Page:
You can draw a box (square) on a piece of paper or in the air while sitting or lying down.

Start at the bottom right of the square.

Breathe in for four counts as you trace the first side of the square

Hold your breath for four counts as you trace the second side of the square

Breathe out for four counts as you trace the third side of the square

Hold your breath for four counts as you trace the final side of the square

You just completed one deep breath!

Eat Well

Eat More Color!

Sadly, many kids’ diets lack fruit and vegetables and contain far too many processed, high-sugar foods. I challenge you to set a goal for your family to have at least half your plate loaded with veggies at dinner by the end of the school year. Work up to it one meal at a time!

Eating a variety of colorful plant foods ensures that your child consumes a ton of phytonutrients. Phytonutrients come in the thousands, and they’re the beneficial compounds in plants that give them their unique taste, texture, and color. They have hundreds of benefits for kids.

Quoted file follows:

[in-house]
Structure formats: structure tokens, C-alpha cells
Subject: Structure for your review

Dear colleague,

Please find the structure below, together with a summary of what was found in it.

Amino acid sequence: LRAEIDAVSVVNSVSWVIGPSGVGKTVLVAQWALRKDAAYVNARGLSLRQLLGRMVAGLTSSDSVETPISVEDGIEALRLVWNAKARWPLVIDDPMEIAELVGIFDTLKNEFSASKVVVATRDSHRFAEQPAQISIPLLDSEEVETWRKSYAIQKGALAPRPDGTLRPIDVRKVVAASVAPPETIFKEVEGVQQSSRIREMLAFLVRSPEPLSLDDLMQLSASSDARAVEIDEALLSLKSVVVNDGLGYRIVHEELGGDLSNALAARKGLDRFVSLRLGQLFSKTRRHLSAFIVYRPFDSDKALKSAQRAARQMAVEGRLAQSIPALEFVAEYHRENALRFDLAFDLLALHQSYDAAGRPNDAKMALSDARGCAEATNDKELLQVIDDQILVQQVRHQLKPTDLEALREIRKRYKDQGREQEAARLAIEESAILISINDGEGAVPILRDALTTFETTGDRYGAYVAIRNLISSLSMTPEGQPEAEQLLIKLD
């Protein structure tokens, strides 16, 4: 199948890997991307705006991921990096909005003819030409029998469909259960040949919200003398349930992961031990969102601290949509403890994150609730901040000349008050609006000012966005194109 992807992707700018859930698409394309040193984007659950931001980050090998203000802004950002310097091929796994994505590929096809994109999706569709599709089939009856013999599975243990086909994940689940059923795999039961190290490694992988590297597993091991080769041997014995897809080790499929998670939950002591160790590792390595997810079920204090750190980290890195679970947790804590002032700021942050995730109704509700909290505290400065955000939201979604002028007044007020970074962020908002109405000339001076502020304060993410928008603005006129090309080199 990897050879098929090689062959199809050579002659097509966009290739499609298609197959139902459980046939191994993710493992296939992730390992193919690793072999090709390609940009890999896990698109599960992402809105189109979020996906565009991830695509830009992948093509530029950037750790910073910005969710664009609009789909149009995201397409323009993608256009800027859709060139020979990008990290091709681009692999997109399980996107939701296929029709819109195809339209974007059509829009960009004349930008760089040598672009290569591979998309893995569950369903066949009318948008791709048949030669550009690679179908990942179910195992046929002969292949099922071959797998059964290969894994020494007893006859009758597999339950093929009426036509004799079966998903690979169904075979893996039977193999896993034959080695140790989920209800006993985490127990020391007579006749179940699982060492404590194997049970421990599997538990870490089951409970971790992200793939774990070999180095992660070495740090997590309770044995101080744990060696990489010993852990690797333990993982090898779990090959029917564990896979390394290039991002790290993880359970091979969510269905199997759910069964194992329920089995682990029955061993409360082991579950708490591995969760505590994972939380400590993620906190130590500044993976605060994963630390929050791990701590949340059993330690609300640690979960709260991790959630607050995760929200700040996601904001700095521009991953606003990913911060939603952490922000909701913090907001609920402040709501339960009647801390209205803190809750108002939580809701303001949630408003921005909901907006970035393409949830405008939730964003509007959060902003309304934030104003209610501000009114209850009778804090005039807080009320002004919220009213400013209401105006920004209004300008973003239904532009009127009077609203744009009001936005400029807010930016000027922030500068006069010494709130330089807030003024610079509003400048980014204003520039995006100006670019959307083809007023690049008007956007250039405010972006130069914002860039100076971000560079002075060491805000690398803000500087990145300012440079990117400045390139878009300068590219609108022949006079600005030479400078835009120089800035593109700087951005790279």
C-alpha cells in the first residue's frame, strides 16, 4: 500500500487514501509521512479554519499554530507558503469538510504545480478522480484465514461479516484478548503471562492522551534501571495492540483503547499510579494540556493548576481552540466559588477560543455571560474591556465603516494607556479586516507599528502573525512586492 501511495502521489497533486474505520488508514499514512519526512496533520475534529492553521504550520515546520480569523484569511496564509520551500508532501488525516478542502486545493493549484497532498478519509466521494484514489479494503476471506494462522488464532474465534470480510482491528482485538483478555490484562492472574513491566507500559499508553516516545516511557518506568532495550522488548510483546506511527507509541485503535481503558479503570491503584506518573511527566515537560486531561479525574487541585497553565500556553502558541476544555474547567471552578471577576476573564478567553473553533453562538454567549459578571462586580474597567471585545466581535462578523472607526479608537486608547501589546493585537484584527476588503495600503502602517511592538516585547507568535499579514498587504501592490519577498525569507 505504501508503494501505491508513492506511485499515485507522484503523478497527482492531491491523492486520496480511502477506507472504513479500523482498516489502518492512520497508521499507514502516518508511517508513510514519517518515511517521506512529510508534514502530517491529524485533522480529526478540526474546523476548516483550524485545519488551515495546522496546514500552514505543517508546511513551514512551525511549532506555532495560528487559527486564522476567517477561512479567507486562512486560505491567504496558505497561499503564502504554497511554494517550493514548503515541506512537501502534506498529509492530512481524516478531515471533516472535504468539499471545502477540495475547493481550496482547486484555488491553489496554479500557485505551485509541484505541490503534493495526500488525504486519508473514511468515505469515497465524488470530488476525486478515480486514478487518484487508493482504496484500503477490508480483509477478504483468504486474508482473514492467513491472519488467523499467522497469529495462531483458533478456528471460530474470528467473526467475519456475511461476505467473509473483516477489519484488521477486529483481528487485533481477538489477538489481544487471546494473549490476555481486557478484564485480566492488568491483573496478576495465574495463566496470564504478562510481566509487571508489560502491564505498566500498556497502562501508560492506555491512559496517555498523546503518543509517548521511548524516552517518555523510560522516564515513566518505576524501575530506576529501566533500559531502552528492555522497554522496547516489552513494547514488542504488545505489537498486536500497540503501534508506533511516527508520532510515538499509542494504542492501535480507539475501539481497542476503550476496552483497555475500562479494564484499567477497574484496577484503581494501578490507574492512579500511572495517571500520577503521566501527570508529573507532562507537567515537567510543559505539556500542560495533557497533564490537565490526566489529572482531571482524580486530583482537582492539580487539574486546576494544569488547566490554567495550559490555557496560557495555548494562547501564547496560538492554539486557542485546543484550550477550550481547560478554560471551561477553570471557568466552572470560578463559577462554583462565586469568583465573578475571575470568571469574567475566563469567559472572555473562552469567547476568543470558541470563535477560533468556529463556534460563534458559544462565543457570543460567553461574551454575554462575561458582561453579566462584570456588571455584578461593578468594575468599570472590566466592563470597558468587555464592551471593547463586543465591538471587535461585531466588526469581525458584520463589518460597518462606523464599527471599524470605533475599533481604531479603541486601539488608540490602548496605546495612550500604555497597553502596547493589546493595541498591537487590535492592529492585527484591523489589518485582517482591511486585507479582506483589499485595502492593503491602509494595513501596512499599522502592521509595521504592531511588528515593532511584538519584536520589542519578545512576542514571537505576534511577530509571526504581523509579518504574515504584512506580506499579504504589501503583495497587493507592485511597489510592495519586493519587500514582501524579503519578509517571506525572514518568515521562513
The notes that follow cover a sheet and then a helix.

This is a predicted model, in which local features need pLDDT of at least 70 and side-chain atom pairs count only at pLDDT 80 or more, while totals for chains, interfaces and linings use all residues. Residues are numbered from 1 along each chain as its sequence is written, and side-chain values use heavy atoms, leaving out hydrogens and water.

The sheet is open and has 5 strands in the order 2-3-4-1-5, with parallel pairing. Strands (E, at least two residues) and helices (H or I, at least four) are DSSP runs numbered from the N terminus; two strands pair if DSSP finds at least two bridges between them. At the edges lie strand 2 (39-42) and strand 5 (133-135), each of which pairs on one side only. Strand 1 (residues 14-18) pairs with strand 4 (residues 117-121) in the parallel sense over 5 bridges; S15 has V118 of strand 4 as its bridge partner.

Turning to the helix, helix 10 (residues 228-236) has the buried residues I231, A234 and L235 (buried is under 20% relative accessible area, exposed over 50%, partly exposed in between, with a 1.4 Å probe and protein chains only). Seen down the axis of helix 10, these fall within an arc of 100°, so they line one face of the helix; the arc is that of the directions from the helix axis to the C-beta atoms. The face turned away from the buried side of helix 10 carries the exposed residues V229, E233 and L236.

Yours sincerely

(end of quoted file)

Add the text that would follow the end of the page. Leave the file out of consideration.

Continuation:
Some phytonutrients support the immune system, act as antioxidants, protecting our cells from oxidative damage caused by toxins; others are anti-inflammatory and tame chemicals that would otherwise increase inflammation. 

The fiber in plants also has exceptional benefits for supporting the growth of beneficial microbes in our gut, and a healthy gut equals a healthy immune system.

You can find phytonutrients in fruits and veggies, nuts and seeds, legumes, spices, and whole grains.

Here are some of my favorite kid-friendly recipes ideas that are colored by veggies.